Goodbye Sadness: Season Of Glass at 40

The most accessible Yoko Ono album was made in the immediacy of her heartbreak over John Lennon’s murder

Yoko ’81 (Art: Ron Hart)

Press play to hear a narrated version of this story, presented by AudioHopper.

The 40th anniversary of Season of Glass finds the album at an odd point, historically.

It is arguably the best of the few Yoko Ono albums not currently available on Spotify or other streaming services (the other contender for best being 2001’s Blueprint for a Sunrise). And it is certainly the most interesting as well, given that the making of it was her reaction to the murder of her husband, John Lennon.

On the back cover is an Ono poem:

On the front cover, Lennon’s blood-spattered glasses face us.

Ono also wrote a note on the inside as well, “Thank You. Thank You. Thank You. Music was my salvation. I am thankful for all the help I got on this album from above & around. … When I started to sing I noticed my throat was all choked up and my voice was cracking. I seriously thought maybe I should quit making the album because, as some people had advised me, ‘It was not the time.’

“But the question was, when would it be the time? I thought of all the people in the world whose voices were choking and cracking for many reasons. I could sing for them. I could call it a ‘choke’ or ‘crackle.’ Well, wasn’t that what the critics had been saying about me for all these years anyway? That gave me a laugh, and it became easier. Many amazing things happened during the recording session. All I can say is that John was right there with me, busy trying to arrange things for me. That is why this album is not dedicated to him. He would have been offended. He was one of us.”

Only two songs on Season of Glass were written in the wake of Lennon’s death: “No, No, No” and “I Don’t Know Why.” Compared to the rest of the album, they are starkly different to the point of being, respectively, disturbing and heartbreaking. “I Don’t Know Why” is very pointedly about the deadly event that had stunned Ono and the rest of the world; the Rykodisc CD edition includes as a bonus track the demo she sang into a tape recorder at home two nights after Lennon’s death. (More on those later.) Even the songs that had been recorded in the ‘70s were re-recorded in the 1981 sessions. Furthermore, being recorded and released after December 8, 1980 changed their reception in the sense that listeners read subsequent events into them.

 

VIDEO: Yoko Ono “Walking On Thin Ice”

As Robert Palmer (the critic, not the British pop singer) wrote in his notes for the 1992 six-CD set Onobox, “All of them were appropriate to a moment that was traumatic enough for the rest of the world, and might have proved too much for Yoko had she not thrown herself back into her work. The recording studio was a familiar environment where she could feel safe, collaborating with fellow artists in a known context.” (Given the time Palmer had spent together with Yoko and John, socially and in the recording studio, and the official nature of such booklet notes, it seems safe to assume that he knew enough of Ono’s mindset that he is not merely guessing about this, or at least that he guessed correctly and Yoko agreed.)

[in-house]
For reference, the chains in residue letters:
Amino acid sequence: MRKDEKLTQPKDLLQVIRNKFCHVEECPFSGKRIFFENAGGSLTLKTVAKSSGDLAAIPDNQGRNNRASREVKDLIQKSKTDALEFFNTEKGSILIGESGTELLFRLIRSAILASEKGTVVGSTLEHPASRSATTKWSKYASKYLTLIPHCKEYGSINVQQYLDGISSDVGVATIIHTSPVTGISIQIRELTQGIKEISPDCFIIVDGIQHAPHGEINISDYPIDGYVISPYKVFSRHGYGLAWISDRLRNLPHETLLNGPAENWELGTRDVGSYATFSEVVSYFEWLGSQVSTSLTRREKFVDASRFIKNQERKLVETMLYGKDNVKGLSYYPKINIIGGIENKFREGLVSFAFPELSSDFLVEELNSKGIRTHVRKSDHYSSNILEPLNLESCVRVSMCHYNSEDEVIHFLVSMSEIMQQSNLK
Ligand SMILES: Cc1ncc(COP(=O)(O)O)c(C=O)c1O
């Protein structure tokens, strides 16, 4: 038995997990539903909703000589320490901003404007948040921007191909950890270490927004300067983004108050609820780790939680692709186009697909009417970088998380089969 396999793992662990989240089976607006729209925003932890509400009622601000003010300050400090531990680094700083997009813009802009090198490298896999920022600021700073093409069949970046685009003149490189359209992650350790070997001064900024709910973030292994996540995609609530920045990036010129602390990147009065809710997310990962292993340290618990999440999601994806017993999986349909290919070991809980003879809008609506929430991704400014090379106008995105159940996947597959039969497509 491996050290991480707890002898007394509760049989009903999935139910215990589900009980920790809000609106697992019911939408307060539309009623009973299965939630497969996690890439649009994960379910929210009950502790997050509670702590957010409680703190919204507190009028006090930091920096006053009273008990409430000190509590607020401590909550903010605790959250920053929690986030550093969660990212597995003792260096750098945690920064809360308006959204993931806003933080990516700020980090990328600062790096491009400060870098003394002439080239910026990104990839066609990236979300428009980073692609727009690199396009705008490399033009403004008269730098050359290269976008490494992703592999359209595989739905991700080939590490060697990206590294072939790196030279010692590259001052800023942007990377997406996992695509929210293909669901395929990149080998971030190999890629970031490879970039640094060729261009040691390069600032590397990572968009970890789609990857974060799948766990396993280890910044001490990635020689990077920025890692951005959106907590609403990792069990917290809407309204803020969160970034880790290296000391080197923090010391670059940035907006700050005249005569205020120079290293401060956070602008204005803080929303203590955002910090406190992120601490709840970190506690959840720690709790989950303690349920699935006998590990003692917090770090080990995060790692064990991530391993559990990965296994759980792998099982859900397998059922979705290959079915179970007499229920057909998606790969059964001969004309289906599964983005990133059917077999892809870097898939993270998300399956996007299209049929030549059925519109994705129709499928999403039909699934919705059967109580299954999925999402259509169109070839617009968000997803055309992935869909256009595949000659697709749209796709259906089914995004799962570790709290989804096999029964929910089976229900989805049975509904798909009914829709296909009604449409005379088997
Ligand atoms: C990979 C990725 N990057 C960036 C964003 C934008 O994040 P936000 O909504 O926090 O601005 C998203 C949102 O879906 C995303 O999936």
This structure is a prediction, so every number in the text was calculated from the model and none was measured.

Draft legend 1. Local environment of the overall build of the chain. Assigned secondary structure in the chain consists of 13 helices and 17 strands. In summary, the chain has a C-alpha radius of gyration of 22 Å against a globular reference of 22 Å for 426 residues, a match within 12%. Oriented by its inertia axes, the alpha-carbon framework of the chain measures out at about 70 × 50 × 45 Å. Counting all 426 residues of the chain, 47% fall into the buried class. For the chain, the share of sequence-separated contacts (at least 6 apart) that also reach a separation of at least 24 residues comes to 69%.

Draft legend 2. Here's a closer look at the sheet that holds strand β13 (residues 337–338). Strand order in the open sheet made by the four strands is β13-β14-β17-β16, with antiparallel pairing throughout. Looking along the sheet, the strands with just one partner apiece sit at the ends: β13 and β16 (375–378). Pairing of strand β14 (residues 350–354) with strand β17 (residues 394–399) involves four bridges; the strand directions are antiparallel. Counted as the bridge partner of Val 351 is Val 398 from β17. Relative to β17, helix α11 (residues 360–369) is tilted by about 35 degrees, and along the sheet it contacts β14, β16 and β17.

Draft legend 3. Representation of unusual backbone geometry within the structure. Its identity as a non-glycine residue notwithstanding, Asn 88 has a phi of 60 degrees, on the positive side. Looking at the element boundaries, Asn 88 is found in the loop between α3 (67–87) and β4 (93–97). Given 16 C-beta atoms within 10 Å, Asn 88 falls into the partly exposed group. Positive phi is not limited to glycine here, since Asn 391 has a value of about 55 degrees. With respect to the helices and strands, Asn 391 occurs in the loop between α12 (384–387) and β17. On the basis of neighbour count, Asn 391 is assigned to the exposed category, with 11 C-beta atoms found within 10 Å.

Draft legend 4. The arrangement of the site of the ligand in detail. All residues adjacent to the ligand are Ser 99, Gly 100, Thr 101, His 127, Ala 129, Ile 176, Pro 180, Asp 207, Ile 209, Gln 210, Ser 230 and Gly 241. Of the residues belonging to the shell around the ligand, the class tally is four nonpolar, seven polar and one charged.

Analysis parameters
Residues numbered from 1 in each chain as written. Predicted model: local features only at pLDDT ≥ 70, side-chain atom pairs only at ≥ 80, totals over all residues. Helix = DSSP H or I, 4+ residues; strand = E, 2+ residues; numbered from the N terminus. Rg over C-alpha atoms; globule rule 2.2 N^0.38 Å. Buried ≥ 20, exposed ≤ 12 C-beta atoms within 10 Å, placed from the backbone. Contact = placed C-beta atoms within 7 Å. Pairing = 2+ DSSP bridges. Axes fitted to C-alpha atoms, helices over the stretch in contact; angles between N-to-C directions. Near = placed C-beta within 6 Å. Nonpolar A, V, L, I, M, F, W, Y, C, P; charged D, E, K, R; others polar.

Why are they “appropriate”? Take “Goodbye Sadness”: written in 1974, when John and Yoko were separated, but in the context of Season of Glass it has a more deeply poignant sense of valediction. It’s not at all avant-garde; it’s a pop ballad, albeit with a rather sparely arranged accompaniment. Ono’s vocal is not the sort of aggressive outburst that made her famous; it’s a quiet voice that sounds touchingly vulnerable. “Mindweaver” is similarly hushed, with a flamenco-flavored arrangement; “Even When You’re Far Away” is a sweetly low-key portrayal of love. All of them have a slightly bittersweet sense of loss about them, a feeling of wistful reminiscence. But the last of these three closes with a slightly more assertive guitar solo (by Earl Slick?) that seems to spill out unspoken feelings.

Yoko Ono Season of Glass, Geffen 1981

“Nobody Sees Me Like You Do” is, finally, Ono’s perfect pop ballad, a paean to the profound connection of true love, and yet, when she sings, “I wanna quit moving / I wanna quit running / I wanna relax and be tender / I wanna see us together again / talking away in our walnut chairs,” the sense of loss leaps out from the music’s mellow groove (are the piled-up harmony vocals a Phil Spector touch? He helped with some of the production). “Turn of the Wheel,” with a touch of old-fashioned English dancehall pop in the arrangement that’s oddly reminiscent of some Paul McCartney songs, reminds us in the lyrics that the John-Yoko relationship had gone through a difficult period in the mid-’70s and that dealing with him could be fraught with challenges; interestingly, it’s one of only two Season of Glass songs left out of Onobox. “Dogtown” is one of two songs from the long-unreleased 1974 album A Story, and changes the mood with some pointed musings on her place in the world and the greater acceptance her dog has compared to her, while also showing Ono’s quirky sense of humor. “Silver Horse” is another quiet one, with a tone of disappointment yet also acceptance of disappointment, closing the album’s first side.